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Chester County Press

It's official: New Garden to sell its sewer system

08/16/2016 12:48PM ● By Richard Gaw
By Richard L. Gaw
Staff Writer

By the time New Garden Township supervisors, representatives from Aqua Pennsylvania Wastewater, Inc. (Aqua), members of the township's Sewer Sale Evaluation Committee and about 50 residents sat down on Monday night at the township building, the general consensus was that it was all over but the signing.
As expected, the supervisors gave final and unanimous approval to the sale of the township's sewer system to Aqua for the price of $29.5 million, at its Aug. 15 meeting.
As part of the sale, Aqua will contribute $20,000 toward the township's closing costs, assume responsibility for the system's permits and assets, and be responsible for the provision of wastewater service to customers. Aqua will also complete all modifications, improvements and requirements, in order to meet all regulatory agency requirements, and make all repairs to the sewer system's infrastructure, which would save the township from having to shell out an estimated $12 million over the next four years, as specified in the New Garden Sewer Authority's five-year plan.
Proceeds of the sale will be targeted toward paying off the debt on the sewer system, reserving funds to satisfy pre-existing obligations of the system; establishing capital funds for vehicle and equipment purchases; funding several capital improvement and maintenance needs, such as repairing roads and bridges; establishing a tax stabilization fund to offset future real estate tax increases; and providing funding for the township's park.
Proceeds from the sale are also expected to go into the construction of a new home for the newly-formed Southern Chester County Regional Police Department, a merged cooperative between the New Garden Township Police Department and the West Grove Borough Police Department.
As a result of the purchase, Aqua will complete all infrastructure repairs to what many in the township have deemed an outdated system, saving the township from having to invest about $12 million over the next four years, and passing off savings to its new customers.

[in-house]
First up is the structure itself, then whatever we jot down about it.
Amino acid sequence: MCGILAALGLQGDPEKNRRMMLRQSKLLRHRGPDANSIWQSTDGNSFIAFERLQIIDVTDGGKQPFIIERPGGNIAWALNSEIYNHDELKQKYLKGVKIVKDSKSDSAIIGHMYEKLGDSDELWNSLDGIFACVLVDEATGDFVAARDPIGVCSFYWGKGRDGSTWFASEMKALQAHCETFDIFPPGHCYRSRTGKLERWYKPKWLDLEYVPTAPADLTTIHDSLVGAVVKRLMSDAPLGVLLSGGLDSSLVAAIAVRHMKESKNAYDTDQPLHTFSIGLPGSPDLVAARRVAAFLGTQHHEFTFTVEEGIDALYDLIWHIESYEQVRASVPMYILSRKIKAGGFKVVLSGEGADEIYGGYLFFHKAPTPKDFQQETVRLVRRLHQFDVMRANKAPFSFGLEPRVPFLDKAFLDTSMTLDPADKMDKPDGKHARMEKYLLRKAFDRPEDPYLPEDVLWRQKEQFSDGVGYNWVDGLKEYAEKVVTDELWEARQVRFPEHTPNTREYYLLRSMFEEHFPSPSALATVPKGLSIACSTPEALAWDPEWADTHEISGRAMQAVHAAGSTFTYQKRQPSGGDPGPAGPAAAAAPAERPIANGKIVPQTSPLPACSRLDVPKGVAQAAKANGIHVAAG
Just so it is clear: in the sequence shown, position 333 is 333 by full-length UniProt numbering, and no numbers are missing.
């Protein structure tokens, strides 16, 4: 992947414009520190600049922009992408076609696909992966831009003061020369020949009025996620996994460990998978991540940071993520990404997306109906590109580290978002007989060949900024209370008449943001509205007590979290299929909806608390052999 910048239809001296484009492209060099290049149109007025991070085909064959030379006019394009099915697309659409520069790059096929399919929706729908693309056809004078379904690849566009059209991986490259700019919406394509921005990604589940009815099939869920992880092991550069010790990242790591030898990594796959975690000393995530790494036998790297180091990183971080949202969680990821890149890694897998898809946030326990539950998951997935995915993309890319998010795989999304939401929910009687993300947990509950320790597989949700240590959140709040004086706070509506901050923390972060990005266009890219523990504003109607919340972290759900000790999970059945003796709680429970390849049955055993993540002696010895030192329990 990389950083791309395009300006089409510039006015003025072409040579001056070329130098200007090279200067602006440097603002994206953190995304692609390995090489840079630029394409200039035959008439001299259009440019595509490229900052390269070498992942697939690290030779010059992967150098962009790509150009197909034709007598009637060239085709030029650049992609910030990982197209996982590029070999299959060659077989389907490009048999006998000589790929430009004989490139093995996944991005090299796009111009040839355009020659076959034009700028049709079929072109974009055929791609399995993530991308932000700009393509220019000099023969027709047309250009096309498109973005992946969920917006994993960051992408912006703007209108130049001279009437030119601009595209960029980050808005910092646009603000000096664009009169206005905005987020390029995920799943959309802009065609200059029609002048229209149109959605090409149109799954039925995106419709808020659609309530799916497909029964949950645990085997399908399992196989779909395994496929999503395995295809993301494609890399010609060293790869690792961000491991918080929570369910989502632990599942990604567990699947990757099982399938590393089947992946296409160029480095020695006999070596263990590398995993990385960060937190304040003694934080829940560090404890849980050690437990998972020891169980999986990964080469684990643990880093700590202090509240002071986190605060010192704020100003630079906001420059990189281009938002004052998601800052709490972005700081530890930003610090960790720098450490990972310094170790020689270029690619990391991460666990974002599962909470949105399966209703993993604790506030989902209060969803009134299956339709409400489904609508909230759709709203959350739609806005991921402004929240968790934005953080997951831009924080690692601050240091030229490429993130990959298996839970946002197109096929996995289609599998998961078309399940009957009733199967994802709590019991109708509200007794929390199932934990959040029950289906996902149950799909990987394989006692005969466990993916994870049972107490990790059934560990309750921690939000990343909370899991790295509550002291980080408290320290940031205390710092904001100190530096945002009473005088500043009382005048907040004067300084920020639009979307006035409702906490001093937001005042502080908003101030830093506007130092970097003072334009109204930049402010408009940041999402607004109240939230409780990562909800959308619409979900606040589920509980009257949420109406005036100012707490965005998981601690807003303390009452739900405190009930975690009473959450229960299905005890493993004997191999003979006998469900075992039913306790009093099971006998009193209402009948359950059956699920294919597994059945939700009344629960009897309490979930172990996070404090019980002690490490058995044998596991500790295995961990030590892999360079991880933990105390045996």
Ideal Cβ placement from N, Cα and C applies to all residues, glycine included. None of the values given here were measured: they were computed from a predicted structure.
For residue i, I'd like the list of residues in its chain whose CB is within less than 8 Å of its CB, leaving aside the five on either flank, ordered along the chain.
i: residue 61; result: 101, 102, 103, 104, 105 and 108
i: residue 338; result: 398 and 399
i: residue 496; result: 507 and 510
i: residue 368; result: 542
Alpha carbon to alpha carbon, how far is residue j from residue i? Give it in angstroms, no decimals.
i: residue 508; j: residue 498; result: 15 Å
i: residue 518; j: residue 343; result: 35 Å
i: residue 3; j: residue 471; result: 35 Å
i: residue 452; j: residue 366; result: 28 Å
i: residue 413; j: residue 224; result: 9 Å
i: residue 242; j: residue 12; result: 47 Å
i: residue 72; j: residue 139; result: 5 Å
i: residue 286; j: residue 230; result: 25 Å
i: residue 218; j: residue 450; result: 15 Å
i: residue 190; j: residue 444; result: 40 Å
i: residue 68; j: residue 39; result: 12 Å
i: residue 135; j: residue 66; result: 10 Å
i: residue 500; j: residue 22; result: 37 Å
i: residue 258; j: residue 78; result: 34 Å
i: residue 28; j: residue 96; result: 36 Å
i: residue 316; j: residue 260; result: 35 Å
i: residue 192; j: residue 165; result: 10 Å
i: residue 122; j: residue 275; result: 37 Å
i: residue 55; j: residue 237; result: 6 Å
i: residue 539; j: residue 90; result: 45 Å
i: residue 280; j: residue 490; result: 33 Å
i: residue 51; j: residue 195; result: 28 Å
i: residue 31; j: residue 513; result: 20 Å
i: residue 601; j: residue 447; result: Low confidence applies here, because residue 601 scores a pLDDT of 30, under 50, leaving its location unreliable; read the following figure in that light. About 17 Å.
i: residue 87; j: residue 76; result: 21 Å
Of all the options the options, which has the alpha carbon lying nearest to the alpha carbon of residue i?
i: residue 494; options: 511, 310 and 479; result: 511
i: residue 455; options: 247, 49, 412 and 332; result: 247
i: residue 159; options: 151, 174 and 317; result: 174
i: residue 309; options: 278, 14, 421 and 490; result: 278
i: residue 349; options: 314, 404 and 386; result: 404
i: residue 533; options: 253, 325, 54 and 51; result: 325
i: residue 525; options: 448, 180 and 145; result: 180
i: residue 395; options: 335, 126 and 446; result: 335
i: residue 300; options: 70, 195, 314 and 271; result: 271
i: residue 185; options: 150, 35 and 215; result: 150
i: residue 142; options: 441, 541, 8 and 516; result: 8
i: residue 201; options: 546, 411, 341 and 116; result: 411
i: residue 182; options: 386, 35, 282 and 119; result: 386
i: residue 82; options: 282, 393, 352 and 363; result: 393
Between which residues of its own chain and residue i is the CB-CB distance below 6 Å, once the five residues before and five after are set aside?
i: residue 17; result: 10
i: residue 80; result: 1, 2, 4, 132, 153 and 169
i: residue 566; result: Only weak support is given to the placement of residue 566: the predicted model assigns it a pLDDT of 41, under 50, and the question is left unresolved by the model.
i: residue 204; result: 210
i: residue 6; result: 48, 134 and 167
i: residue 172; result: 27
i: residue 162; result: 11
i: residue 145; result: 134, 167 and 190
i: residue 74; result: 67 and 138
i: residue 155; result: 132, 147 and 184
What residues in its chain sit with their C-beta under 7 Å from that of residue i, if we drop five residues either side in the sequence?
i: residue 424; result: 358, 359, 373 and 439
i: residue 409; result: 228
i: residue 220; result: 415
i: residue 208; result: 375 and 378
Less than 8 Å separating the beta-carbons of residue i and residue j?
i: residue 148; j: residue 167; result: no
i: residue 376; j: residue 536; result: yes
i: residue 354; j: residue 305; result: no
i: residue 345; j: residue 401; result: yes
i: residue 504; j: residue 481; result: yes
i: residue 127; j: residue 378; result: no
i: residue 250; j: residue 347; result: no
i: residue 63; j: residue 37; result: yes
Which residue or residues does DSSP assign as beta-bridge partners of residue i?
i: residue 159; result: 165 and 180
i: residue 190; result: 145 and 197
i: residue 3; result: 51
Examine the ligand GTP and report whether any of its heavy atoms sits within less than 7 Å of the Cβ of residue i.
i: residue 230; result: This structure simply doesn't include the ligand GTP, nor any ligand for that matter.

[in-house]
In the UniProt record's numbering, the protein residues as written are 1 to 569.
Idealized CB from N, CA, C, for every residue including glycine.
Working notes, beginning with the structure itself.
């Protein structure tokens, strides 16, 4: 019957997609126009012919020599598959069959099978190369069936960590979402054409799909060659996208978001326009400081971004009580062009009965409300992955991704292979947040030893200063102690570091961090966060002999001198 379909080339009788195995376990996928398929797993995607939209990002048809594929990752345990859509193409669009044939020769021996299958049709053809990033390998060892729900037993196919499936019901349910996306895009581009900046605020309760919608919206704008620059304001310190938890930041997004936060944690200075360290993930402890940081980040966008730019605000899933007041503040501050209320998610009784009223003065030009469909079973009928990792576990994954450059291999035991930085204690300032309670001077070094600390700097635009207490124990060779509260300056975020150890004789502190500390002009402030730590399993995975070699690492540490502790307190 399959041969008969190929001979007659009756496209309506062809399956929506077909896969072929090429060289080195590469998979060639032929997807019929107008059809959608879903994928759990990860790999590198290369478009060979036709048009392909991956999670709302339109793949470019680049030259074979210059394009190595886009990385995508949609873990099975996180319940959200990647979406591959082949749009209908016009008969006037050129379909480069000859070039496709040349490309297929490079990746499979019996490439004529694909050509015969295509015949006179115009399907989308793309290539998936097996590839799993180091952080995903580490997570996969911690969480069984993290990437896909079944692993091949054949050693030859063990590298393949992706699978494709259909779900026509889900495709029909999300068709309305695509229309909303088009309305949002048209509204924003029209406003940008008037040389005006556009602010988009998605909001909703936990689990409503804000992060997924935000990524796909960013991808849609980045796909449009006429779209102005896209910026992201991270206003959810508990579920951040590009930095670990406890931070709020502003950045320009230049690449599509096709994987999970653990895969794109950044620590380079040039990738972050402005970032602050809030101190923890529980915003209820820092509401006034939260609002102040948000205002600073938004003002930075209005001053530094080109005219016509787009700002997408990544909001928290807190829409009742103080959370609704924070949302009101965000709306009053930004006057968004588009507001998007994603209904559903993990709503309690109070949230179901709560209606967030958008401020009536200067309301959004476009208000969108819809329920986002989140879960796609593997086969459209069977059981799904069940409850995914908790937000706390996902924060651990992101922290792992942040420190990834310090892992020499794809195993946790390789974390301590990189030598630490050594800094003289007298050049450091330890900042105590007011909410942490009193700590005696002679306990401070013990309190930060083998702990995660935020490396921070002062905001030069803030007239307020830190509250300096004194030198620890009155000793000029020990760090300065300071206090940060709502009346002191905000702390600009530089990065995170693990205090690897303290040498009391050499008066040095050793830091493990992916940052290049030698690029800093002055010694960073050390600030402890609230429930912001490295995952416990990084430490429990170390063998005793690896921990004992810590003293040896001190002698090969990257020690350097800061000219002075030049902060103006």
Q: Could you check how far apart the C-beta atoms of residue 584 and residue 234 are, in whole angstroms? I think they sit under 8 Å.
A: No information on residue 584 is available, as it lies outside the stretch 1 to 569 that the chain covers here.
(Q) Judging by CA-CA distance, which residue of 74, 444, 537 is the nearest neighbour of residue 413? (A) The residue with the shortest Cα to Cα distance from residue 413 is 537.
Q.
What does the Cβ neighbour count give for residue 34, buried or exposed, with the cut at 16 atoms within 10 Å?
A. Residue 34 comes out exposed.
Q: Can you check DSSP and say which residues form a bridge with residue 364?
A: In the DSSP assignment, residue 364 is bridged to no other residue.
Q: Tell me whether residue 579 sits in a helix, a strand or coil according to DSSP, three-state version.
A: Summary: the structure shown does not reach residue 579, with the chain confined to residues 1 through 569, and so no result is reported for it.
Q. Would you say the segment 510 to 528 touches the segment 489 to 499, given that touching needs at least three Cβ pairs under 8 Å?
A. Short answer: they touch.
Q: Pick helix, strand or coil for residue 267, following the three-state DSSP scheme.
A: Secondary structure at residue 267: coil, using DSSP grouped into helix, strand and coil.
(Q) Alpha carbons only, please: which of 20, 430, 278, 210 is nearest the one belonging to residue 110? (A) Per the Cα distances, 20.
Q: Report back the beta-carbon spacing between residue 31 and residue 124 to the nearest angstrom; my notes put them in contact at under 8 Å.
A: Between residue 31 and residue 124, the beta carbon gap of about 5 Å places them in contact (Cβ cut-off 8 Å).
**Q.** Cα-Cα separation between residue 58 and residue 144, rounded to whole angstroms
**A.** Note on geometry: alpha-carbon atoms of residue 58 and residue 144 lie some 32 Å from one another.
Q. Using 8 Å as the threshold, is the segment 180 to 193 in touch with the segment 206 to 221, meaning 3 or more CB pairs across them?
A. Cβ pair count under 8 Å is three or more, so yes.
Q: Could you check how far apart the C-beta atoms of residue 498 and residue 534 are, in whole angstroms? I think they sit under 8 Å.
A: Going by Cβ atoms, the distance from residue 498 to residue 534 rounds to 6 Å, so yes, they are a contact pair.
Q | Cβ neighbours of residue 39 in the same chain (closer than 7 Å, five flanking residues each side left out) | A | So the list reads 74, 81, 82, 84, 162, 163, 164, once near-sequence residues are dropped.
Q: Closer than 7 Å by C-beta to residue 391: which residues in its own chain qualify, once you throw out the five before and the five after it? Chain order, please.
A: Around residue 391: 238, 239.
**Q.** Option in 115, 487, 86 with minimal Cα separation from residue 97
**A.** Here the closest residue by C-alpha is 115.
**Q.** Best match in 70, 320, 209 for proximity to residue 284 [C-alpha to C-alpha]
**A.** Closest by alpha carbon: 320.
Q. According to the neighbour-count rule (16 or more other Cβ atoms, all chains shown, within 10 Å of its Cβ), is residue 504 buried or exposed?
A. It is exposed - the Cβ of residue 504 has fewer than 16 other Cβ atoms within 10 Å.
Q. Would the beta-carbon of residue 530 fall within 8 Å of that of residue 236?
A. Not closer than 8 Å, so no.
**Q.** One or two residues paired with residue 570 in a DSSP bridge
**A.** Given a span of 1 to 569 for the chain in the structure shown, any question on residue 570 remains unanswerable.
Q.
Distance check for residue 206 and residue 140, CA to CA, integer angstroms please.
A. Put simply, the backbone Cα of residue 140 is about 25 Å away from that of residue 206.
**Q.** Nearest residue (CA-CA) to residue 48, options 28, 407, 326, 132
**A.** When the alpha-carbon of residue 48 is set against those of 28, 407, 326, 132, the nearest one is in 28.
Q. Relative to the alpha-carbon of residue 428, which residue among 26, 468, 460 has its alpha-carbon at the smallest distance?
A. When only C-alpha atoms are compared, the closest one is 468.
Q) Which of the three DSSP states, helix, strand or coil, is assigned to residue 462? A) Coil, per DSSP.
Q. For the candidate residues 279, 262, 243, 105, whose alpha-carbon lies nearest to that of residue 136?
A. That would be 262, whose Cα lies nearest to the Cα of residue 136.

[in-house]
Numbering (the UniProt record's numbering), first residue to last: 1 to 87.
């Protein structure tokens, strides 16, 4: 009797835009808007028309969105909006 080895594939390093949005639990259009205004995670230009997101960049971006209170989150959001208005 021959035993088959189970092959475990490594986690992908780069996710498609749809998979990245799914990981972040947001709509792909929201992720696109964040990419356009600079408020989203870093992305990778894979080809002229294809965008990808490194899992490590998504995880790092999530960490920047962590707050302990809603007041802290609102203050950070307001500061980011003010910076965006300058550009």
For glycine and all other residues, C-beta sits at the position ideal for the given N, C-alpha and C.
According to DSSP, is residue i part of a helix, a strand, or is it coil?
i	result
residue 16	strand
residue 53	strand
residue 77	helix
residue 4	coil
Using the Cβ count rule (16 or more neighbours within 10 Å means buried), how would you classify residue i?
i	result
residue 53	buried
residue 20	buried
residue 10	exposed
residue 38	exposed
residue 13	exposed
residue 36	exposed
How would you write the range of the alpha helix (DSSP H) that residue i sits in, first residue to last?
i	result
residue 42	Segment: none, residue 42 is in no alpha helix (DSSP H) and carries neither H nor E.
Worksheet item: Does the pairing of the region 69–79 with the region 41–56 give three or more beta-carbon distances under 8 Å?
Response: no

Sewer rates will be frozen during the first two years following the sale, and in following years, rates will be compounded at a four percent annual growth rate over the next ten years. At the end of ten years, the anticipated user charge will be $263 per quarter. 
Comparatively, those numbers fall well below the rate that users would pay if the township decides not to sell the system. With no sale, the cost of projected upgrades to the system's infrastructure – as well as increased financing and operating costs – would have increased sewer rates 40 percent in 2017, an additional 27.5 percent in 2018, and at the end of a ten-year period, customers would have paid $340 per quarter.
“The township needed to make the decision whether they were going to raise the money through a bond, or sell their assets and let us come in and put the capital in and make the necessary improvements,” said Charles Penrose, director of business development at Aqua. “Over the next few years, that is exactly what we intend to do.”
For many in the business of the township, the vote served as the culmination of two years of research, proposals, assessment, meetings and public presentations.
“I think they key is starting small and getting consensus among the (township's) Sewer Authority and supervisors as to the ultimate objective, which was to evaluate the viability, feasibility and the appropriateness of pursuing a sale,” said Spence Andress, a member of Sale Evaluation Committee. “It was not entered into as 'This is what we want to do.' Our whole approach was (to approach the potential sale) as an alternative, and we wanted to evaluate that alternative, and through the matrix, and at the  end of the day, see which one comes out on top.
“Along the way in that process, to bring in experts as necessary, and the public, in order to keep the the information flowing. I think the length of time is testimony to how deliberate the process has been, and how involved and engaged both boards have been, and the commitment to make it as open and informative as possible.”
Penrose said that the transaction is expected to be finalized in the spring of 2017.
“Aqua treats every municipality and every customer as an individual,” he said. “Everyone has different needs such as public parks and open space, and anything we can do help and cooperate within the community, we will get involved. That's a reputation we've had for a number of years, and we want to continue it here.”
To contact Staff Writer Richard L. Gaw, e-mail

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